True, the recurring waves of history do cycle through, but Peter’s reference to the “last days” must speak to our times for we live in an era of anti-biblical, anti-Creation, anti-Flood sentiment that was rare in ancient times.
What’s that got to do with anything? Well, Peter continues: “They [the scoffers] deliberately forget that long ago by God’s word the heavens came into being and the earth was formed out of water and by water. By these waters also the world of that time was deluged and destroyed” (verses 5, 6).
The result of the Flood in ancient times was the destruction of the earth; the climax of our end times will be similar: “the present heavens and earth are reserved for fire, being kept for the day of judgement and destruction of the ungodly” (verse 7). Dire, to be sure, and a sobering warning to accept God’s forgiveness and grace while there is still time. The threat of fire and brimstone isn’t so much to scare us but to warn us, because, as Peter adds, “The Lord is . . . patient with you, not wanting anyone to perish, but everyone to come to repentance” (verse 9).
So we’ve been warned. “The heavens will disappear . . . the elements will be destroyed by fire, and the earth and everything done in it will be laid bare” (verse 10). So live a decent life, Peter exhorts, not concerned or unduly worried by the shocking events of the end of days, and not held captive by our wealth and possessions, “since everything will be destroyed. . . [Rather], live holy and godly lives as you look forward to the day of God . . . looking forward to a new heaven and a new earth, where righteousness dwells” (verses 10–13).
When the Black Death stalked Europe, the pious viewed it as a kind of divine punishment—retribution for sins such as greed, blasphemy, heresy, fornication and worldliness. By this logic, the only way to overcome the plague was to win God’s forgiveness. Some people believed that the way to do this was to purge their communities of heretics and troublemakers. So, for example, many thousands of Jews were massacred in 1348 and 1349, with thousands more fleeing to the sparsely populated regions of Eastern Europe, where they could be relatively safe from the rampaging mobs. But while lashing out at neighbours was one way to cope, other people turned inward and fretted about the condition of their souls. The Flagellants, for example, consisted of upper-class men who, in acts of penance, travelled in procession and beat themselves with heavy, metal-studded leather straps before wondering crowds.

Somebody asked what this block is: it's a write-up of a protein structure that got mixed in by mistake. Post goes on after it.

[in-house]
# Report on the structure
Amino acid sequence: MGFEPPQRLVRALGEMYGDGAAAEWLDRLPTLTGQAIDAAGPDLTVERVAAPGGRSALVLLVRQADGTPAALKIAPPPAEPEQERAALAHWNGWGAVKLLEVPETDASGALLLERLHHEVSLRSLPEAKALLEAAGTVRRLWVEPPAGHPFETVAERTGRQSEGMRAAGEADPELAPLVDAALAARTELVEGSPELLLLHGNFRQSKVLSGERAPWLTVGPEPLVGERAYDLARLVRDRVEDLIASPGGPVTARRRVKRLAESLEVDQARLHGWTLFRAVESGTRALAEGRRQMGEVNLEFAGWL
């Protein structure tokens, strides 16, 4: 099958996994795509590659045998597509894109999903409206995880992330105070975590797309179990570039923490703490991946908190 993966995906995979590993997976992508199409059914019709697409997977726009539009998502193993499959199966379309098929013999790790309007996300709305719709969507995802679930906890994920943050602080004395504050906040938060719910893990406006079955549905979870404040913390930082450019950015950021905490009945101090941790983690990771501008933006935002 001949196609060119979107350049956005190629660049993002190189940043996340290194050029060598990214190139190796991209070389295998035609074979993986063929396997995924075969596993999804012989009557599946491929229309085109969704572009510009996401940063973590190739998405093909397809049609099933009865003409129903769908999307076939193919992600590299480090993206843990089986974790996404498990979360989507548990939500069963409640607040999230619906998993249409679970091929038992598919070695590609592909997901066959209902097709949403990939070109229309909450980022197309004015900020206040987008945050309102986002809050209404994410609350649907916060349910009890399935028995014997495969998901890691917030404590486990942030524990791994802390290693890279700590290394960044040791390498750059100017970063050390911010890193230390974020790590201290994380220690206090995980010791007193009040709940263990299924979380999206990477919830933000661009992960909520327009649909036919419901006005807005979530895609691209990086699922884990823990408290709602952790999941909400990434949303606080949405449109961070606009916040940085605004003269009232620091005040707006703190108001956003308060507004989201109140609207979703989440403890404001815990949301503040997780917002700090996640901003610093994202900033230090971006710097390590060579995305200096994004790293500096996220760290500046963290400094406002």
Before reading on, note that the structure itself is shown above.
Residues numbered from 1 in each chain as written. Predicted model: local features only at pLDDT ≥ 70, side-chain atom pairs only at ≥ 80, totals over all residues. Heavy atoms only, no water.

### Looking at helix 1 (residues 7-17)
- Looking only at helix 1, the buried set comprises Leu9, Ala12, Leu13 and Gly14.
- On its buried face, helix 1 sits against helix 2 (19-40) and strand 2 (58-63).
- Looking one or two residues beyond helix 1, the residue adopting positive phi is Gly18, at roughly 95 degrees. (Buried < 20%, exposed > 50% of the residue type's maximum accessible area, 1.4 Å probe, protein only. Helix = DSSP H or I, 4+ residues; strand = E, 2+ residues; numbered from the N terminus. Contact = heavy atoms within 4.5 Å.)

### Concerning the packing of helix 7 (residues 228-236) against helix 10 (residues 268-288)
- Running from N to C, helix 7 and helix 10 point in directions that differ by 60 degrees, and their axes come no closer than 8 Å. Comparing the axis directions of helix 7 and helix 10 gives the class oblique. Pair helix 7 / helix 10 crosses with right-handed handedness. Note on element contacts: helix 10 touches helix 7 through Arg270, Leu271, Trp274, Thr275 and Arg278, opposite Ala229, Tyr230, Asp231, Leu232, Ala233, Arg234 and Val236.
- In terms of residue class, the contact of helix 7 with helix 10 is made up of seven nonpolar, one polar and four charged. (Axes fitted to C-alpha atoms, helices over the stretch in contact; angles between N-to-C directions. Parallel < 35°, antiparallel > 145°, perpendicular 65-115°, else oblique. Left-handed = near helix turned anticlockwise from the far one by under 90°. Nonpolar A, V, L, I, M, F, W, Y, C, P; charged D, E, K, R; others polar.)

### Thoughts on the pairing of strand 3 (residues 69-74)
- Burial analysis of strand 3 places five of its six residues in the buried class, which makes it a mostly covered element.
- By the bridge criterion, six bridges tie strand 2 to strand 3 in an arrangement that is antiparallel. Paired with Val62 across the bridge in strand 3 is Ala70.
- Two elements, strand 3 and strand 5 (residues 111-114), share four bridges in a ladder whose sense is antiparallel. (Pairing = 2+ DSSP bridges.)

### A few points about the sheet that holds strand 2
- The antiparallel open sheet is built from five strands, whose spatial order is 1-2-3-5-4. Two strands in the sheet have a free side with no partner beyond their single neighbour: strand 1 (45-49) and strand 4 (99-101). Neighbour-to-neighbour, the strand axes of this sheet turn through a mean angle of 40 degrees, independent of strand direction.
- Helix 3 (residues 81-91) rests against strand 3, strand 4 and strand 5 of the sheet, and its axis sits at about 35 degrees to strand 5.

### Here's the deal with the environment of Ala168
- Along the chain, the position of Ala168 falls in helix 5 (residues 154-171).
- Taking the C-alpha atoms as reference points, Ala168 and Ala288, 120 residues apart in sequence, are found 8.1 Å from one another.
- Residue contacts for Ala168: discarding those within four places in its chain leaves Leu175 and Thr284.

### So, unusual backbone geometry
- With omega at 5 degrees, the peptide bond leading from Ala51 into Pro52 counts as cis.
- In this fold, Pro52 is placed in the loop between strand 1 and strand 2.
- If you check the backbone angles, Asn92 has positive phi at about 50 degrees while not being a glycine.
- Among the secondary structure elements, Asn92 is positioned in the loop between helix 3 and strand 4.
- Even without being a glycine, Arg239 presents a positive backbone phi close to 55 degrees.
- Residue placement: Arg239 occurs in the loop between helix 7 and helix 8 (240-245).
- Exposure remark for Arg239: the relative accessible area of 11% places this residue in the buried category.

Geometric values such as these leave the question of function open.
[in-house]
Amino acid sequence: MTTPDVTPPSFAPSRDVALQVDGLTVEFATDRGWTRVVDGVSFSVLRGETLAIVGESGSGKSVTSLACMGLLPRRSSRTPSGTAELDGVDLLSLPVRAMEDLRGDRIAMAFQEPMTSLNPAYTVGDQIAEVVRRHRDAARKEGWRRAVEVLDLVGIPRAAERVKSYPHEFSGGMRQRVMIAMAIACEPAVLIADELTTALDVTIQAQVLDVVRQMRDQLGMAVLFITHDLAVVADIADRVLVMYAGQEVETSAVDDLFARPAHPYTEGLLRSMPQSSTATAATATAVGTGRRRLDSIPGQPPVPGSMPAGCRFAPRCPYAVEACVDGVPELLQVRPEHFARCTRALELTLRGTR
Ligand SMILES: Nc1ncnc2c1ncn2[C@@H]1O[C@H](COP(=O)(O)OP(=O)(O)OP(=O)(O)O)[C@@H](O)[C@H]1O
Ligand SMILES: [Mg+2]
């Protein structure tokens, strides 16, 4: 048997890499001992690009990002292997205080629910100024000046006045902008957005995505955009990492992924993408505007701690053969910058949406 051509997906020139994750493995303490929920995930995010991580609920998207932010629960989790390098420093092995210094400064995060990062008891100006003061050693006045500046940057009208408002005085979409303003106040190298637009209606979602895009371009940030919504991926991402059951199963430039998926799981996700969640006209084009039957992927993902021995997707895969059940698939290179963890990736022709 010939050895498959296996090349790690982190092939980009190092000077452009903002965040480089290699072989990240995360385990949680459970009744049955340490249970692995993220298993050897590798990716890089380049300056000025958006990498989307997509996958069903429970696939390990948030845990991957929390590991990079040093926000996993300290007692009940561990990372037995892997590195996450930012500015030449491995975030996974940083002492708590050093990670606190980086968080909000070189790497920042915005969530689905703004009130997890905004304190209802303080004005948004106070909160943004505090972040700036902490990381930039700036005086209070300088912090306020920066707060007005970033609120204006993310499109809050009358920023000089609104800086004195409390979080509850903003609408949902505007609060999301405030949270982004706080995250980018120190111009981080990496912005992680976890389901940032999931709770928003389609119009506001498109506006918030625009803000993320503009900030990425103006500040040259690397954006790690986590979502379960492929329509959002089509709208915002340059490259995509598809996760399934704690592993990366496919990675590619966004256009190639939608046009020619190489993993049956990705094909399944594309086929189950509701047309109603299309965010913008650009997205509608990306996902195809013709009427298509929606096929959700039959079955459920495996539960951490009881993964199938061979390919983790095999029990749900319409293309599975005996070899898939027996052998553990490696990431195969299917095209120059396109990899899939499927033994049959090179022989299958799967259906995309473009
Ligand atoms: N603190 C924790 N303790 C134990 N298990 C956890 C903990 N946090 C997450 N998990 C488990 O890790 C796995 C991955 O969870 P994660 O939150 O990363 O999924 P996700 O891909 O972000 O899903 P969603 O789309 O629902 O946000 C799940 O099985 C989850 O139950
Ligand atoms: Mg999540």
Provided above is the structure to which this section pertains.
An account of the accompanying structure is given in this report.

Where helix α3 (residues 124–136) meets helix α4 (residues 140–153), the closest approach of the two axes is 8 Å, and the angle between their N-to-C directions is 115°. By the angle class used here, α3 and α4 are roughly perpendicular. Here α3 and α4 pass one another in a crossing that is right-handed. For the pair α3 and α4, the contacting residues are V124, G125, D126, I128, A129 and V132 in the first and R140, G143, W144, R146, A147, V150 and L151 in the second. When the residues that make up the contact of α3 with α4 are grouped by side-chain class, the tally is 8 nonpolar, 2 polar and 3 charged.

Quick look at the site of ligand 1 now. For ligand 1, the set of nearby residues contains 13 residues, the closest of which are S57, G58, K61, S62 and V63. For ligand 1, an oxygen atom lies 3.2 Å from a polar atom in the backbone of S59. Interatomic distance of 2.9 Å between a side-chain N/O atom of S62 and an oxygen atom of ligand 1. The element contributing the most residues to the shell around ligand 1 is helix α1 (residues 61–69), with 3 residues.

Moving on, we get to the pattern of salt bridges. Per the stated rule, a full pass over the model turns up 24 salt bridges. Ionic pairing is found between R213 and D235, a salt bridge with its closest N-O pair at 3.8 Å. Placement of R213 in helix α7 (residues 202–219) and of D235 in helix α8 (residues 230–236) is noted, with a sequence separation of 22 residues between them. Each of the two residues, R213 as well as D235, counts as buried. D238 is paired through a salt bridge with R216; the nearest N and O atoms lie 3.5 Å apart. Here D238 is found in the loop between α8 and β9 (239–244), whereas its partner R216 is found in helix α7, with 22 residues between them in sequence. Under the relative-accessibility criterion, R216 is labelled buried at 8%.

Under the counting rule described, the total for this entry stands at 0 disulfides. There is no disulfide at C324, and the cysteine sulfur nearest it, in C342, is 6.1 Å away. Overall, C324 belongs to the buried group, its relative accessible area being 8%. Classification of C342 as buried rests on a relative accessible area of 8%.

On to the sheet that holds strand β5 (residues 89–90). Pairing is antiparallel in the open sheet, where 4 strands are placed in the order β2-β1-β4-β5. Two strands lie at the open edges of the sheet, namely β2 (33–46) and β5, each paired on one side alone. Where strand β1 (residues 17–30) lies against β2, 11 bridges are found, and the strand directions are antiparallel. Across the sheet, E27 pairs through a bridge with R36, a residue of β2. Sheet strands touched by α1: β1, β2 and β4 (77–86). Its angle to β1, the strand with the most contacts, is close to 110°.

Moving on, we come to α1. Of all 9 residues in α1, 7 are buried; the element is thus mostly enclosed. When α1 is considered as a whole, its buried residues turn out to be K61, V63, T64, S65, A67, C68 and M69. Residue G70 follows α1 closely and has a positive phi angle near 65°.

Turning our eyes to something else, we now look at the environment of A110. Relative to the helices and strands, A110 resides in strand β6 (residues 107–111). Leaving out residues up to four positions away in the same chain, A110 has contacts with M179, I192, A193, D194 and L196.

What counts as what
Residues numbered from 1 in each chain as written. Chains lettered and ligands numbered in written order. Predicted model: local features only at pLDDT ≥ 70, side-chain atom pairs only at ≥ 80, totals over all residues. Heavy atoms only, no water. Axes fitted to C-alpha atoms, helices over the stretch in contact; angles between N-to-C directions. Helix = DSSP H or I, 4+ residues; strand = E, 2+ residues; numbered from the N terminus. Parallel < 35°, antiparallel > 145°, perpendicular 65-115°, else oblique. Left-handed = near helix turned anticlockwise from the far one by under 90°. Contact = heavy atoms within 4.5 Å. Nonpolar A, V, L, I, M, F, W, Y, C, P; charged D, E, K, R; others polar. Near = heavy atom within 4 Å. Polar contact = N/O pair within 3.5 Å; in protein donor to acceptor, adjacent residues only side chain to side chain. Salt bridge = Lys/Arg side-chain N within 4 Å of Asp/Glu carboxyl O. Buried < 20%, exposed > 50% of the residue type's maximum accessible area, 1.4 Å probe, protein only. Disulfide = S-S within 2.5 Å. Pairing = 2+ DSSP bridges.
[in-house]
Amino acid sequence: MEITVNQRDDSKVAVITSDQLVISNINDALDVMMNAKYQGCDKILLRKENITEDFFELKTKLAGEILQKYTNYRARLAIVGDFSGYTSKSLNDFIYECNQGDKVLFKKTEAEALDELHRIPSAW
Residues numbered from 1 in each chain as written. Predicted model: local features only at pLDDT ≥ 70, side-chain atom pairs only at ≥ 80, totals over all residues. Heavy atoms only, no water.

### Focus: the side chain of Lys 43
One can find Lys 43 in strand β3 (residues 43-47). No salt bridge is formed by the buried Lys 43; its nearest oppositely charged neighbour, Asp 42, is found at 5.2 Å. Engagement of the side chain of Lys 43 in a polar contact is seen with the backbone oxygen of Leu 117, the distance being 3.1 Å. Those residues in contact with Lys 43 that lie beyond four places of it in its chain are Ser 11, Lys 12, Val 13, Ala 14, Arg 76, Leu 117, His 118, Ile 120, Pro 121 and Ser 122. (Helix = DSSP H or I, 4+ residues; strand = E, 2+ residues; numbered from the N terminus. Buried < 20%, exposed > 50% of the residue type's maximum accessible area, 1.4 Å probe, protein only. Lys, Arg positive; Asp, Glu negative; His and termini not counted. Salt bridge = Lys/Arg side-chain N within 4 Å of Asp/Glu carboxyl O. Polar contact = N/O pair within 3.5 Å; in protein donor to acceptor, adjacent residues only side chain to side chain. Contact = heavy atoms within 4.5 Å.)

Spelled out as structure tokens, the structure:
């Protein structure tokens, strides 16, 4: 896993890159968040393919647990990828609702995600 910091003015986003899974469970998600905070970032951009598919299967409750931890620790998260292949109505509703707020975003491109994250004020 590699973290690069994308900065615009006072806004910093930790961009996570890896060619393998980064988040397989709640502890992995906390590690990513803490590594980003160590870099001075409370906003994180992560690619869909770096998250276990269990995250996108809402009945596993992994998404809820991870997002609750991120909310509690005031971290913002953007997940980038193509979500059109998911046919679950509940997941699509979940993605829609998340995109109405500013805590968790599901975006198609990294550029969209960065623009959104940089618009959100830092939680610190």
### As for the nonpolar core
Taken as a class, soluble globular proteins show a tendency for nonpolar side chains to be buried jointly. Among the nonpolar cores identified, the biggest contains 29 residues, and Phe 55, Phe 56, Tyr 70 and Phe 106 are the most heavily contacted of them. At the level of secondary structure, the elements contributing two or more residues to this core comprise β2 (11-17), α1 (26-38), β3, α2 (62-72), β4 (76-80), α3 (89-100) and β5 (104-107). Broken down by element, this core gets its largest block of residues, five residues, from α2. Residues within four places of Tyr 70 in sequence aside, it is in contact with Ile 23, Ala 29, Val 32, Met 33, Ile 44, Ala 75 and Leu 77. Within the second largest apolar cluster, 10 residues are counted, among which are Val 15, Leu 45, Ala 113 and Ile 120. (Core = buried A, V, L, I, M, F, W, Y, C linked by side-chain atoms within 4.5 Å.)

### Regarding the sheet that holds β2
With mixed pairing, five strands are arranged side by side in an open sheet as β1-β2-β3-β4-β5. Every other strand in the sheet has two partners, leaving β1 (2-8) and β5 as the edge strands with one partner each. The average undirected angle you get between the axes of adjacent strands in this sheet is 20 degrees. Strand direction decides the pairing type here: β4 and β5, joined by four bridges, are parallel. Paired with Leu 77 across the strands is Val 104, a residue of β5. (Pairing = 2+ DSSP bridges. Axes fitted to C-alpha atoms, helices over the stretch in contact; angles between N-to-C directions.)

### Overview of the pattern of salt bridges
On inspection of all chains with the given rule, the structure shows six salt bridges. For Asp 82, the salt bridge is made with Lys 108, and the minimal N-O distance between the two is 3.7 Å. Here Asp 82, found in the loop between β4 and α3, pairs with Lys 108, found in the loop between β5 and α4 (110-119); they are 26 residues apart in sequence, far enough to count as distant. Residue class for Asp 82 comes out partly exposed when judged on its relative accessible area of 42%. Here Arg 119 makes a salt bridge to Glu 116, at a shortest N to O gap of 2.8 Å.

But that isn’t the sort of response that God seeks from us. Although natural disasters, disease and pestilence strike us as consistent and regular occurrences, and although we may despair at the pain, the suffering, even the tragic loss of life, we need not despair. Rather, turn to that “patient”, caring, involved God who loves us; the One “who did not spare His own Son, but delivered Him up [to die] for us all, . . . [and who will] give us all things?” (Romans 8:32, NKJV1).
And that ultimate “thing” is Paradise, a new world in which all are invited to share. Until then, even as around us people fall victim of disease—even to death—when things look truly bleak, draw comfort from something else Jesus said about those awaiting His return: “When these things begin to happen, look up and lift up your heads, because your redemption draws near” (Luke 22:28, NKJV).
Lee Dunstan served as editor of the Australian/New Zealand edition of Signs of the Times for 25 years, between 1993 and 2018. He currently heads up Christian Services for the Blind and Hearing Impaired and lives on a boat on the Hawkesbury River, north of Sydney.
1. Verses marked NKJV are taken from the New King James Version®. Copyright © 1982 by Thomas Nelson. Used with permission. All rights reserved.